Auto-Generated Content is a No-No, Says Google
Matt Cutts, chief of search spam at Google, is back with a new video in a series in which he answers questions from SEOs, web developers and site owners looking for clarification on exactly what Google does and doesn’t want to see when assigning ranking to a web page.
In the latest video, Cutts takes on the topic of automatically generated content, and ultimately says that if you want your site to rank, you should avoid this type of content like the plague. Although this is pretty obvious, it’s a good reminder of just how important fresh, original content is to the search visibility of your site.
Automatically Generated Content: a “Bad User Experience”
The question in the video comes from Walter in the Netherlands, who asks:
“What does Google do against sites that have a script that automatically picks up the search query and makes a page about it? Ex: you Google [risks of drinking caffeine], end up at a page: “we have no articles for DRINKING CAFFEINE” with lots of ads.”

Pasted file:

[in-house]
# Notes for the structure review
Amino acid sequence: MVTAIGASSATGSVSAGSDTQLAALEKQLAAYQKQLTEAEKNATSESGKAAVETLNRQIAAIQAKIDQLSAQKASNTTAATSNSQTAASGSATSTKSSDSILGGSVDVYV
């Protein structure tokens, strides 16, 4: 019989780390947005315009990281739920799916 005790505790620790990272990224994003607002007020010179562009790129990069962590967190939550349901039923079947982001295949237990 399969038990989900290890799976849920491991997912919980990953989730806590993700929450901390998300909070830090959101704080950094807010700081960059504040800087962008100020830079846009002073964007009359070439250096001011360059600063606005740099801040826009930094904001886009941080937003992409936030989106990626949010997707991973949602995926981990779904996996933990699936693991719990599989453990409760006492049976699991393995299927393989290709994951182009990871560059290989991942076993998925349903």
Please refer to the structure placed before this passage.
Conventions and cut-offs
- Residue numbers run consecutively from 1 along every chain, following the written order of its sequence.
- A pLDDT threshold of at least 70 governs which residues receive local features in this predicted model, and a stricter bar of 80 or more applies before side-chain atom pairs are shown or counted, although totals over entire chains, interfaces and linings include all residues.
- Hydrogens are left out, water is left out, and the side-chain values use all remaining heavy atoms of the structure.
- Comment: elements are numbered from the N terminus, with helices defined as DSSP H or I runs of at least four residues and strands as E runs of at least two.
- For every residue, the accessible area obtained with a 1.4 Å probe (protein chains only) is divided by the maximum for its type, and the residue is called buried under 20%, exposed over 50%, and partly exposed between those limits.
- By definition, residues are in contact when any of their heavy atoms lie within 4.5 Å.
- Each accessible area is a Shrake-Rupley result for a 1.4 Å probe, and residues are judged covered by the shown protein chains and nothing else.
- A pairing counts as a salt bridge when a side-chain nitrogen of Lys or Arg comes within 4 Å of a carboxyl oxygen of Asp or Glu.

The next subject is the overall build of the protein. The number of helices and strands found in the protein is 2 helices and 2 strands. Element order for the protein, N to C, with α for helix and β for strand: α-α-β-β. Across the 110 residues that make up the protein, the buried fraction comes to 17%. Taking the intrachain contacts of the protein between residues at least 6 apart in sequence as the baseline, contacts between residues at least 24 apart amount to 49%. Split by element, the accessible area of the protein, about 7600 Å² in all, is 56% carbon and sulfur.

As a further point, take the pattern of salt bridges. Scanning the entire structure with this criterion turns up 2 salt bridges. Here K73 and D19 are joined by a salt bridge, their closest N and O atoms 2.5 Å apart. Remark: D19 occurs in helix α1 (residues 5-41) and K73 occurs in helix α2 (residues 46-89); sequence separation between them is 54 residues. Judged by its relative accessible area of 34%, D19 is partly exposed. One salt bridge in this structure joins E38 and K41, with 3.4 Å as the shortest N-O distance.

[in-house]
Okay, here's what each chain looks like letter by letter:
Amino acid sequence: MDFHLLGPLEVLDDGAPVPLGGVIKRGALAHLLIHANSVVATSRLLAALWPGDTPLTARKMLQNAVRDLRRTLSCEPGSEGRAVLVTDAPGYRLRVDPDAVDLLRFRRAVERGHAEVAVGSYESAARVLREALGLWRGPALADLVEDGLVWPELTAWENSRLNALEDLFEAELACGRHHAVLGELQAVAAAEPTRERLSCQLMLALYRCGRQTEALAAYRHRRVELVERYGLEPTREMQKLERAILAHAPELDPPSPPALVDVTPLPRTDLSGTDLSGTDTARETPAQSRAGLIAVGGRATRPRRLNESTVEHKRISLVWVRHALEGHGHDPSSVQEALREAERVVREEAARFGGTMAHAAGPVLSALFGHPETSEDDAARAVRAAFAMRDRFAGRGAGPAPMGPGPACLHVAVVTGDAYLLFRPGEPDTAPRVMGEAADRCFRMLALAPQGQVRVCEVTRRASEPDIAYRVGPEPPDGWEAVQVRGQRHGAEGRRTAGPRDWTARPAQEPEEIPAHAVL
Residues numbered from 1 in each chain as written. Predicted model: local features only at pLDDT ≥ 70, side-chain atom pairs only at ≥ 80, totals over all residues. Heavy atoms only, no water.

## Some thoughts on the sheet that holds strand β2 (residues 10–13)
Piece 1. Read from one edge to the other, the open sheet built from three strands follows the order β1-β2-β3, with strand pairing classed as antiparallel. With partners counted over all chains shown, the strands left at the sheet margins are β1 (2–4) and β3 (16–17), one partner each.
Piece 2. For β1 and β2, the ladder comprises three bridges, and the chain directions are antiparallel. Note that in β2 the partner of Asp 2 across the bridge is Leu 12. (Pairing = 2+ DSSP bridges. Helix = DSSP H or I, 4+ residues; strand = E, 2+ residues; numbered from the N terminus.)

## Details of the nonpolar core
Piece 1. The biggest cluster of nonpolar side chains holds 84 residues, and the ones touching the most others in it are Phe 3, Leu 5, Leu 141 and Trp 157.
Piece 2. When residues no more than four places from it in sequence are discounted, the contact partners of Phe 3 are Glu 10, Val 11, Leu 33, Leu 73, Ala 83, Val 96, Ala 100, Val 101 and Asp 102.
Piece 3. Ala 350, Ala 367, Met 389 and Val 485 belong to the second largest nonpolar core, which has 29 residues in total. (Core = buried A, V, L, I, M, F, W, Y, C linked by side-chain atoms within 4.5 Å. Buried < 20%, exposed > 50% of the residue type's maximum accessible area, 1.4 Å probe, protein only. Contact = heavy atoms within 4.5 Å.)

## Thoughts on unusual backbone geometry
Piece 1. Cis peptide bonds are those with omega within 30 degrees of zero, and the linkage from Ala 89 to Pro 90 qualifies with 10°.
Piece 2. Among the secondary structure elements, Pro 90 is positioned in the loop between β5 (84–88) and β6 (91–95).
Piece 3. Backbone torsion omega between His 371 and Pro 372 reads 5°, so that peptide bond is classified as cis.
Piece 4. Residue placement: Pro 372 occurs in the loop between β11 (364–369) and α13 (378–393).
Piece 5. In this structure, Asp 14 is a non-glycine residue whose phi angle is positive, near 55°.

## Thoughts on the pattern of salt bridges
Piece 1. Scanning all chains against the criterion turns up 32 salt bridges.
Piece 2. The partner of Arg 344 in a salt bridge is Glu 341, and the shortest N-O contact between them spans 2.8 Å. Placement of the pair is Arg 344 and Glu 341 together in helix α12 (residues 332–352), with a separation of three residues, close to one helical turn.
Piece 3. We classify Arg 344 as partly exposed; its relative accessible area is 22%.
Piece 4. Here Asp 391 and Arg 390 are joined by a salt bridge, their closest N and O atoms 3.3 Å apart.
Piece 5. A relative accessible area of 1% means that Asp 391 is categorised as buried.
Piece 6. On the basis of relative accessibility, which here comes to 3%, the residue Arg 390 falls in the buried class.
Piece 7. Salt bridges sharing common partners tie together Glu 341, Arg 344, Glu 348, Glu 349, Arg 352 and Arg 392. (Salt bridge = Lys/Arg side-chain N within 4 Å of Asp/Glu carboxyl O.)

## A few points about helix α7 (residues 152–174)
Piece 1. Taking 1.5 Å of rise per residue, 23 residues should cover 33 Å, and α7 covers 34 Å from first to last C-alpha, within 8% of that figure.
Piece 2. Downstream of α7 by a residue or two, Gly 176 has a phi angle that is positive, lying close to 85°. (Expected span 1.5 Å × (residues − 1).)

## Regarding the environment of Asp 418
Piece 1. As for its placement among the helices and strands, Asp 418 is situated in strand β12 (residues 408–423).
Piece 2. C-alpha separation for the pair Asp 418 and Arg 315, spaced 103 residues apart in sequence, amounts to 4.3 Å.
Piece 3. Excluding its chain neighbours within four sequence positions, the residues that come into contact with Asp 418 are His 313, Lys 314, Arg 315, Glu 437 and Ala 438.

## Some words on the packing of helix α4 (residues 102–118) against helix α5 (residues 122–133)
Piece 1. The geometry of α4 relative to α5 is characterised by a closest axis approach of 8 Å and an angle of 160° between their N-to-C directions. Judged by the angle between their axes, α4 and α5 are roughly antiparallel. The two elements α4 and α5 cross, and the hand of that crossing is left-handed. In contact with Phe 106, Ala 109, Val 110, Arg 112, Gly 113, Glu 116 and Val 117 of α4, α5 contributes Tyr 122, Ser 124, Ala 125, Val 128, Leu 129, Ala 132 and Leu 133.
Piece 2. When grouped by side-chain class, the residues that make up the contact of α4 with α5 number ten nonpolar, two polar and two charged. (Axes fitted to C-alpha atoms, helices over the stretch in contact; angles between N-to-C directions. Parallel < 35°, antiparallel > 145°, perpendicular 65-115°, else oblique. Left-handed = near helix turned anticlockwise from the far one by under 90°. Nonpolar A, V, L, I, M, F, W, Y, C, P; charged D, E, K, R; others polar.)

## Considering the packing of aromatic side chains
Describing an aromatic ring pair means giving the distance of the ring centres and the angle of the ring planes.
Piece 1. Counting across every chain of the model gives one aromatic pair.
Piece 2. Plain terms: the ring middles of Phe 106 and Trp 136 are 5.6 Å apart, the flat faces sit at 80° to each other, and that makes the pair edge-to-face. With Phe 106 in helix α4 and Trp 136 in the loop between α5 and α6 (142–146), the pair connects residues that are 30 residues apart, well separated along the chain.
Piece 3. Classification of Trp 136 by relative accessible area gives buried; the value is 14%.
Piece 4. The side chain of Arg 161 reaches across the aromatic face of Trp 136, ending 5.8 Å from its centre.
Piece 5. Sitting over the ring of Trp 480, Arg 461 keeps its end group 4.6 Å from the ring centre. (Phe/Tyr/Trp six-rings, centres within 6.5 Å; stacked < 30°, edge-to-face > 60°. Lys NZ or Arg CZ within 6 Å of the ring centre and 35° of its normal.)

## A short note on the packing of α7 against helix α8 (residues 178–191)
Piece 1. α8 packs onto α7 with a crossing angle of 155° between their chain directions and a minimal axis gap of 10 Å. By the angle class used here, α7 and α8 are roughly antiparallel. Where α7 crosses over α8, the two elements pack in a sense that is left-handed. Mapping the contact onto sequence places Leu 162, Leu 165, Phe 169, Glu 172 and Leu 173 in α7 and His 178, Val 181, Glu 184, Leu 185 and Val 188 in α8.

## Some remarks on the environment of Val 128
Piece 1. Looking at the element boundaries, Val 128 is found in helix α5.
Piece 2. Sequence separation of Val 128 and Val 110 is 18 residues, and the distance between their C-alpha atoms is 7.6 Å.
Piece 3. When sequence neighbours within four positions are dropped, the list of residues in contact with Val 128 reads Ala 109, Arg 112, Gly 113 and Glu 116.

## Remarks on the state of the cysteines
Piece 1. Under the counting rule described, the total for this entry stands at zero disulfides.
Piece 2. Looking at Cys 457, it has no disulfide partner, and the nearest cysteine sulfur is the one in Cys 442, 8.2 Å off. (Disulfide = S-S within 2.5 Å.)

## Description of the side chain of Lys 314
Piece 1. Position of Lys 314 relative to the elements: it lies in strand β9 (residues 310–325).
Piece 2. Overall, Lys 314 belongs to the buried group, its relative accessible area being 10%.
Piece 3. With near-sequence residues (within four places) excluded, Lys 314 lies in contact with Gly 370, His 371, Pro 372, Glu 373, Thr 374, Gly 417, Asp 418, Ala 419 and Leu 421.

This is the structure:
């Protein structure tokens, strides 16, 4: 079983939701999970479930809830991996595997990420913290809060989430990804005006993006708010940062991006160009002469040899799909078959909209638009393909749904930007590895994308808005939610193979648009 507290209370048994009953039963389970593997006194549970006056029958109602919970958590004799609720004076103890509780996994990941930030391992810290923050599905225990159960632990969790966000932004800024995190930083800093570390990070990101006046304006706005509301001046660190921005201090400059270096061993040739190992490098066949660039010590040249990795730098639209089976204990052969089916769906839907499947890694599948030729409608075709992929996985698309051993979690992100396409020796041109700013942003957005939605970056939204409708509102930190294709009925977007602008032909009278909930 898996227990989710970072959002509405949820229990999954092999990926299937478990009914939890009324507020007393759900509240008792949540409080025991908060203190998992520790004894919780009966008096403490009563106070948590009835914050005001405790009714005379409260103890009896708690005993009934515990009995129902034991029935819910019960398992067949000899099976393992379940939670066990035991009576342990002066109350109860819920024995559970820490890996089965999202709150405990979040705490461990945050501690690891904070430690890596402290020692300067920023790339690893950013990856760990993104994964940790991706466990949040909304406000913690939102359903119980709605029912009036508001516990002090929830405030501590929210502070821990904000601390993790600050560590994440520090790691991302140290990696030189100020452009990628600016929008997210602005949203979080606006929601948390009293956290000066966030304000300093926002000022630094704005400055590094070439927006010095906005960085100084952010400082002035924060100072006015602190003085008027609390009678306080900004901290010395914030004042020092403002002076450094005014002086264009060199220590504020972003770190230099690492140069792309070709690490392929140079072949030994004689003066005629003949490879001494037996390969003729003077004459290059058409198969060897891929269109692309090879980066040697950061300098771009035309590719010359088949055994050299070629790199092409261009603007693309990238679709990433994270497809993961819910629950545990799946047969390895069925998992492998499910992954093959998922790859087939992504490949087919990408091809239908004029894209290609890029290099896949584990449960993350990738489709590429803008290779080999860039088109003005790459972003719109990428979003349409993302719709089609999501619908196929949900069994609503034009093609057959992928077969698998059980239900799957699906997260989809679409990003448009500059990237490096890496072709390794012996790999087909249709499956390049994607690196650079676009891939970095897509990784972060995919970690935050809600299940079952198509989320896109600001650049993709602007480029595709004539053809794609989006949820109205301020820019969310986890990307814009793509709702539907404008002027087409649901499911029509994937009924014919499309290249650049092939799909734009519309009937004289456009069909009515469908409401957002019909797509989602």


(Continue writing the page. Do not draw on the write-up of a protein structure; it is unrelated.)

Cutts gets right to the point, calling this a “bad user experience” and saying that Google has no qualms about taking action against these types of sites. Cutts also mentions that if you find this type of content, such as if you search for a review of a product like a DVD player and end up on a page that just shows more search results or a message saying the content doesn’t exist along with spammy advertisements, it’s a good idea to contact Google on the Google Webmaster forums or submit a spam report to make them aware of it.
Other Examples of Auto-Generated Content
While the types of content Cutts discusses in the video are clear-cut examples of automatically generated, spammy content, you can see other examples auto-gen content here within Google’s content guidelines. A few examples of content types Google will penalize you for include:
- Stitched-together bits of content from various web pages that doesn’t add up to anything original and valuable
- Content automatically generated using RSS feeds
- Text created using automated processes
- Content generated using “article spinning” or automatic synonymizing software
- Content translated from foreign language text using automated software, minus any human interaction
In short, Google wants to see original, high-value content made by human hands and not machines on your site. Anything less will likely result in a penalty.
You can watch the full video below: